You might not like this answer, but… you should do this exercise for as many characters as you can. Certainly your protagonist and antagonist. And then everyone who is a tier-two character, has a chapter from their point of view or appears relatively often.

You never know when any of these characters will suddenly become more important, or if their role will become more defined. If you already have their story mapped out, then that’s one less step for what you need to do later. It might even help prevent you from writing yourself into a corner.

And another thing: write each character as if they are the protagonist. Because in that secondary character’s mind, THEY are the hero of their story. How would that impact the main storyline? If there is a character who is egotistical, then it stands to believe that they would get in the way of the protagonist. Or even the antagonist, who certainly sees themselves as the center of their narrative! Writing each character as if they are the main character of the story is a wonderful opportunity to bring up knots of tension with other characters, deviate from plans and showcase some really great development, even from secondary characters!

Make the danger as great as the goal

In most stories, characters have one goal or another: get the girl, find the treasure, slay the beast. The goal needs to be clear in the character’s mind, and therefore, easy for the reader to understand. Now, what’s important is also that the forces that oppose the goal are as great as the goal itself. What will be interesting for the reader is to see how the character gets out of it – if they do.

Make your character be perfectly imperfect

Perfect characters are boring. Characters who are good at everything are boring. There’s no tension, no drama, the reader isn’t sitting on the edge of their seat wondering if the character will live or not. Your character (and the story as a whole) should be challenged, and they should also fail.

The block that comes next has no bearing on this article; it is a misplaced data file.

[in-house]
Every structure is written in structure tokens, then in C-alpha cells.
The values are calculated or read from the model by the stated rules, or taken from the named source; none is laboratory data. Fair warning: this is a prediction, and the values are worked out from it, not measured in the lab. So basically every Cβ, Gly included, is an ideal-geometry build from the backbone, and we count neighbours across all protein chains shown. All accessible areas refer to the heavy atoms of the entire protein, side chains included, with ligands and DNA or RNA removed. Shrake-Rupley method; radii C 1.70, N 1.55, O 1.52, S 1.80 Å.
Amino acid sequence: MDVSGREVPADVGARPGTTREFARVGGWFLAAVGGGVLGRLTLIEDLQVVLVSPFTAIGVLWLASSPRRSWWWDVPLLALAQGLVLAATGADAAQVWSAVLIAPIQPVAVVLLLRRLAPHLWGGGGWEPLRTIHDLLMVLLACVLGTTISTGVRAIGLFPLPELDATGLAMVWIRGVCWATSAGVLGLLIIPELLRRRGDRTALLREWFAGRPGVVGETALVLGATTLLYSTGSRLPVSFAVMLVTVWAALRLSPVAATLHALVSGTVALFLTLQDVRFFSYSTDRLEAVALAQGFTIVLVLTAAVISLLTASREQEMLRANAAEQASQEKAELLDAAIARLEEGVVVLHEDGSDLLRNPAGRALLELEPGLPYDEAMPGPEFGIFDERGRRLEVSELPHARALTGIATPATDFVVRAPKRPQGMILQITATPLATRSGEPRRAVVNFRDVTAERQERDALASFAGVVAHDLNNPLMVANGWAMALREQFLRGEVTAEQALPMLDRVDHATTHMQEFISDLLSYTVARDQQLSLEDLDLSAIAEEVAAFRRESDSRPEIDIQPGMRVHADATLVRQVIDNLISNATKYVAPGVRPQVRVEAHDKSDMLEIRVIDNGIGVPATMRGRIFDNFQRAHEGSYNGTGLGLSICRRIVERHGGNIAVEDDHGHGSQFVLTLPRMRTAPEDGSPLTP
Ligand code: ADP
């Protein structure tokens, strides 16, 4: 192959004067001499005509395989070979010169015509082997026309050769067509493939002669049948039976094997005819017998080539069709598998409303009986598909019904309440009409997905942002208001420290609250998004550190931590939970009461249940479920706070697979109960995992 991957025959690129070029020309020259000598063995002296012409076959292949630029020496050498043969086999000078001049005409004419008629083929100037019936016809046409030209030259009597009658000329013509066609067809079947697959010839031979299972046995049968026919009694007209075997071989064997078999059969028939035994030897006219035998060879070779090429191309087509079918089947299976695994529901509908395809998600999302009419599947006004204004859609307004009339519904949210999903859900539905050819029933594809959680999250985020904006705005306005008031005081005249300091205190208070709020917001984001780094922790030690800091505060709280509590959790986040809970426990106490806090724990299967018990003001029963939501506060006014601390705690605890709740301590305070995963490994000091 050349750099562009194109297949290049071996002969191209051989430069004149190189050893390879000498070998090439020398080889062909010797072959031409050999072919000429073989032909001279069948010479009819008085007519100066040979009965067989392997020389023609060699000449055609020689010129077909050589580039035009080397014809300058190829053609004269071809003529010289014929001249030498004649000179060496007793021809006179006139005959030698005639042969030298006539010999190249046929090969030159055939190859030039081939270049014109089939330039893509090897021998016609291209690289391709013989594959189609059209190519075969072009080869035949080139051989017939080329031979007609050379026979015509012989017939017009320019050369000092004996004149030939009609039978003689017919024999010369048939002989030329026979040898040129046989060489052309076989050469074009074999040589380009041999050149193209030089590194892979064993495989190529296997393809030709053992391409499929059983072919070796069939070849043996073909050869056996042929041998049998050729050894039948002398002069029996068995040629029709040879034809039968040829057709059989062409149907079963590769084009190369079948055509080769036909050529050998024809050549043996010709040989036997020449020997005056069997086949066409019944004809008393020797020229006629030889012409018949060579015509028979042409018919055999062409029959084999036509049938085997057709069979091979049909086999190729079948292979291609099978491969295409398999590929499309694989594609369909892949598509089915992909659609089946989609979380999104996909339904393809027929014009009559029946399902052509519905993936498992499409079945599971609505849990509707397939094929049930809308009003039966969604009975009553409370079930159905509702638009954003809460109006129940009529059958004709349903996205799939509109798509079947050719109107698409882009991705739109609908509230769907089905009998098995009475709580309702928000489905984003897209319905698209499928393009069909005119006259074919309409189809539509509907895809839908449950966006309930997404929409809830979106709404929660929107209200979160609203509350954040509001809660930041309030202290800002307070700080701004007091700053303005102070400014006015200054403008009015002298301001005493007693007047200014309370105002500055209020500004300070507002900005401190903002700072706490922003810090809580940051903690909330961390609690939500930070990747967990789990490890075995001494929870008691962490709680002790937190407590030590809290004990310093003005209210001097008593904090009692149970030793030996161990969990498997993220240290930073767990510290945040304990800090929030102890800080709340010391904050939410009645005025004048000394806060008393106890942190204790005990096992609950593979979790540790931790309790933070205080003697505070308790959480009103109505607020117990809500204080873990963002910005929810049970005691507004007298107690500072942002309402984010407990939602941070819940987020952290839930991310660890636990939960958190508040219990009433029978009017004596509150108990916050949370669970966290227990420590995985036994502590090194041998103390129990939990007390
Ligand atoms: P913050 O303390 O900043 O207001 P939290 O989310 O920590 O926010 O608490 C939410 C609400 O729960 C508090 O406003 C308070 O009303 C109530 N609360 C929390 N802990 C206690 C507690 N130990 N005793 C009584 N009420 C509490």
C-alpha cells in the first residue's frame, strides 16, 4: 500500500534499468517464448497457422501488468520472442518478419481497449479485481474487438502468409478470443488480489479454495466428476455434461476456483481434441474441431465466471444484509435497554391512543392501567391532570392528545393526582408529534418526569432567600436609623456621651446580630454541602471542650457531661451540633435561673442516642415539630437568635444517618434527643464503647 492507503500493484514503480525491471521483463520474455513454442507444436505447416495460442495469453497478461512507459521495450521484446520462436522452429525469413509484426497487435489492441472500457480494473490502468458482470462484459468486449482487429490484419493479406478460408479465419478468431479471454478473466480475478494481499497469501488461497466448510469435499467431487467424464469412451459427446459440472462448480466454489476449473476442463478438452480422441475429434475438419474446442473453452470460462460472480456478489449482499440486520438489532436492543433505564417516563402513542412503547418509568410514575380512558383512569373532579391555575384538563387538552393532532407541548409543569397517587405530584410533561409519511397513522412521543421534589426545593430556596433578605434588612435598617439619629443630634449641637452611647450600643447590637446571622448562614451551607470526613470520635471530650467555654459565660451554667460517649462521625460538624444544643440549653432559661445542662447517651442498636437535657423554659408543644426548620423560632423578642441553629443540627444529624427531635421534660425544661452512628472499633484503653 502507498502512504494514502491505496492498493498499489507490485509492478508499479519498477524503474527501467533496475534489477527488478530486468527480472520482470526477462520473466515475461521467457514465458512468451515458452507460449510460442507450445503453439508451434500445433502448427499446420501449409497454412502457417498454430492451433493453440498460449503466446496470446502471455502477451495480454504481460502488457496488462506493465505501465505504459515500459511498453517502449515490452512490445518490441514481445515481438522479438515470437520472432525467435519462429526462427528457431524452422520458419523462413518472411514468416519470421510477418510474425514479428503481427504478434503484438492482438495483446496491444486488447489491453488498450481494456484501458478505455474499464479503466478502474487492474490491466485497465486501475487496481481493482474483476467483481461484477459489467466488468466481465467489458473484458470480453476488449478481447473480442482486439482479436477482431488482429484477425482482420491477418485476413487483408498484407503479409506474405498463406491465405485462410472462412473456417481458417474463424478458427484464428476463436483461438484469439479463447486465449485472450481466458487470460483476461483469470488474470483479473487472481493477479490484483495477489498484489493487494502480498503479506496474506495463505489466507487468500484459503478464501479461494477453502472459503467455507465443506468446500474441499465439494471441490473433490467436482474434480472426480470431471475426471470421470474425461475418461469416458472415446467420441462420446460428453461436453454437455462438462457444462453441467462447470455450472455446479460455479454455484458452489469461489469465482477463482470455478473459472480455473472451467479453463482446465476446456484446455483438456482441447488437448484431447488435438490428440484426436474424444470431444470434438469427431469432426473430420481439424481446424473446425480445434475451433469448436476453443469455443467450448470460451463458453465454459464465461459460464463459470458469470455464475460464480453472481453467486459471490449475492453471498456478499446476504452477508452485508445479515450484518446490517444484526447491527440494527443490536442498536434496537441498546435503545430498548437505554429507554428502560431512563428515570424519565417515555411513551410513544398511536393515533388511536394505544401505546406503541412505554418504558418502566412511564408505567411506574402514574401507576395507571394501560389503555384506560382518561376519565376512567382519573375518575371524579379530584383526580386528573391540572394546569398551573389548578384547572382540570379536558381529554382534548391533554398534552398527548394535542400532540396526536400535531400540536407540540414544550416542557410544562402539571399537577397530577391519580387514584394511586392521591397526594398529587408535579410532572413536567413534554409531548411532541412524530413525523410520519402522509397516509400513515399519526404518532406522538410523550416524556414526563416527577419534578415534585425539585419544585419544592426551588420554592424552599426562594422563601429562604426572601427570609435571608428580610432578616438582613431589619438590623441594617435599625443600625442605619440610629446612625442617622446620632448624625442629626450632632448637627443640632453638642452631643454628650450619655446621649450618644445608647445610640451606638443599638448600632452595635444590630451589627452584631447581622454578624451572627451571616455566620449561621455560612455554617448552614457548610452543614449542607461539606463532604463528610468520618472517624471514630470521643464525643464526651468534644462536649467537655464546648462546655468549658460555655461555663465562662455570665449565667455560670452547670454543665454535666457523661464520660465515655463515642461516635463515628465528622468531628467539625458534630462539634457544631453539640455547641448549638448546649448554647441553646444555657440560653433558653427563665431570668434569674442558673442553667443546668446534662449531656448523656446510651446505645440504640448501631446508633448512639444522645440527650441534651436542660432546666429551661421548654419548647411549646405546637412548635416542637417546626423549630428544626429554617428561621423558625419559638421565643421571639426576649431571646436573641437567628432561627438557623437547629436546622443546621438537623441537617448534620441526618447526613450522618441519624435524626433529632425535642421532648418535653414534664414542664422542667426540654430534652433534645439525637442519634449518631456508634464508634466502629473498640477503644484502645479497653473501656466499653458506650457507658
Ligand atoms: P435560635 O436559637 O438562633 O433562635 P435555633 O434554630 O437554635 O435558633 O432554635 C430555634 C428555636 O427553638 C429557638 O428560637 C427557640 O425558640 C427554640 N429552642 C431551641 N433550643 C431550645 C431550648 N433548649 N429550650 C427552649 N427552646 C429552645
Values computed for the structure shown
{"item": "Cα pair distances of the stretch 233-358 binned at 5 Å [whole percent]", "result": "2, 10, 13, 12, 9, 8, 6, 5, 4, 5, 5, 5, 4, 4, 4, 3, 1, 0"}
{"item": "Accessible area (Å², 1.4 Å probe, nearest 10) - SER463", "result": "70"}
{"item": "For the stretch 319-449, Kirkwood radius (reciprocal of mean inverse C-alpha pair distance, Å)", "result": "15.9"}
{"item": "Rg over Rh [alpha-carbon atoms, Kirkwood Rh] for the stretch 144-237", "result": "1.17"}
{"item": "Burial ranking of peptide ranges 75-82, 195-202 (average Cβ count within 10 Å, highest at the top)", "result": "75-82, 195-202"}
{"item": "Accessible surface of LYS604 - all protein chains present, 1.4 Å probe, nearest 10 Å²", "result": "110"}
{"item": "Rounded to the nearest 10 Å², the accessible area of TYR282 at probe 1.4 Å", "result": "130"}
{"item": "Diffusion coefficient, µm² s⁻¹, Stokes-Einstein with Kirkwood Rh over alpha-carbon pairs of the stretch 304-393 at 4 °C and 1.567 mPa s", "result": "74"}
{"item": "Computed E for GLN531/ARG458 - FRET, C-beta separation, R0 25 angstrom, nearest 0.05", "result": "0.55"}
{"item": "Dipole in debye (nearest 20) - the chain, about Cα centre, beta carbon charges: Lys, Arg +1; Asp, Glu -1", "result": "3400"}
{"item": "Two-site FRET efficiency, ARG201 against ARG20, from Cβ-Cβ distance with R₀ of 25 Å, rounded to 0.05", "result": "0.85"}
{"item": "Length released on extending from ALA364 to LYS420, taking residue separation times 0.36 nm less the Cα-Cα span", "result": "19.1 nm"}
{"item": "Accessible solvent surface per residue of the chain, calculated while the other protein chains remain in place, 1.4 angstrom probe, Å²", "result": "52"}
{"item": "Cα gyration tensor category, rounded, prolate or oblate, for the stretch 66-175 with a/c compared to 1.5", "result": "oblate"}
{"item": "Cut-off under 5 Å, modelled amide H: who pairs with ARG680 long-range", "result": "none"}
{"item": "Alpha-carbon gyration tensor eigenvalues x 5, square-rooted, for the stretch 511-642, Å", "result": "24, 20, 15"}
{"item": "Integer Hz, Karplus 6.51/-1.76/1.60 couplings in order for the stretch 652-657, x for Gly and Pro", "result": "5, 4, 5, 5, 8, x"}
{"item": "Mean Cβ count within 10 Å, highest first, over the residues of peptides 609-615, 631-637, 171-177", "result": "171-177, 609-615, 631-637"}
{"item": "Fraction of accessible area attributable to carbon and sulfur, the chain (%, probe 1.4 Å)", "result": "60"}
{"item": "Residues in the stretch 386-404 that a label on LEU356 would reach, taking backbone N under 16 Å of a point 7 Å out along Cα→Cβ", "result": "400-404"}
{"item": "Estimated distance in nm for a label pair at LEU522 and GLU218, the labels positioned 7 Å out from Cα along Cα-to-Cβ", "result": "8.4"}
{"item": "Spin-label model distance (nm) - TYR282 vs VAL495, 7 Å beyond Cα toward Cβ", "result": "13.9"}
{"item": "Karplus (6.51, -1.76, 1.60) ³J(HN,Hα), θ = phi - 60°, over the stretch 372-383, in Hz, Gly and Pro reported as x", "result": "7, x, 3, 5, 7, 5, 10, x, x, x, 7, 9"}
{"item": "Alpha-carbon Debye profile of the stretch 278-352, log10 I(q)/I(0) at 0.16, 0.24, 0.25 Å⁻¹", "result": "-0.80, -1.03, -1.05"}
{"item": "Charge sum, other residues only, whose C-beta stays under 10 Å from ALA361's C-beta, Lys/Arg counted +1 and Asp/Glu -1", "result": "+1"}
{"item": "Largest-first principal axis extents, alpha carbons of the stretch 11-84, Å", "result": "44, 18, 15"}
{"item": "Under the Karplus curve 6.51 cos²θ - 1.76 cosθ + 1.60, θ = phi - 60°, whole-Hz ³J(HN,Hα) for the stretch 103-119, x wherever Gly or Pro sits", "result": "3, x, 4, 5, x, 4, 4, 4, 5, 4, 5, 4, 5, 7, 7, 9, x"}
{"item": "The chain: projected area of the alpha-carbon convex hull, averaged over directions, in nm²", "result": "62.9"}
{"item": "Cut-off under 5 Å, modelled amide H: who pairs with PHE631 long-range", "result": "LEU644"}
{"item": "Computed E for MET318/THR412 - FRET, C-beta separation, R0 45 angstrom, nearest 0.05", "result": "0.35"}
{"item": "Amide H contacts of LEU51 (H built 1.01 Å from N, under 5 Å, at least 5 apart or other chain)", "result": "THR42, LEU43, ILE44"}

Frodo seems a steadfast hero in Lord of the Rings: selfless and somewhat immune to the effects of The One Ring. Until he isn’t so immune anymore and faces difficult decisions that contradict what his increasingly warped moral compass are asking him to do. The realization that he might fail in his mission keeps the reader invested in the outcome. Heroes can be steadfast, and strong, and brave, but they should also have flaws: impatience, a tendency for the dramatic, or have some sort of other Achille’s heel that gets them into trouble.

Give them an internal and external struggle

When I was working on Lily’s character in The Sapeiro Chronicles: A Forgotten Past, I wanted her journey to cross a whole emotional spectrum. Her external struggle seems simple enough: find out what her real identity is, and why she lost her memories. But her internal struggle is the flip side of that coin: does she really want to find out? Her dread and excitement at finding the truth behind her past and newfound power ebb and flow in the book, until she needs to decide what is more terrifying: the repercussions of ignoring her past, or the erosion of her identity.

Remember: characters are people, after all. And people are flawed. The more intricate and well-developed your characters are, the higher the chances of your story having a strong narrative flow.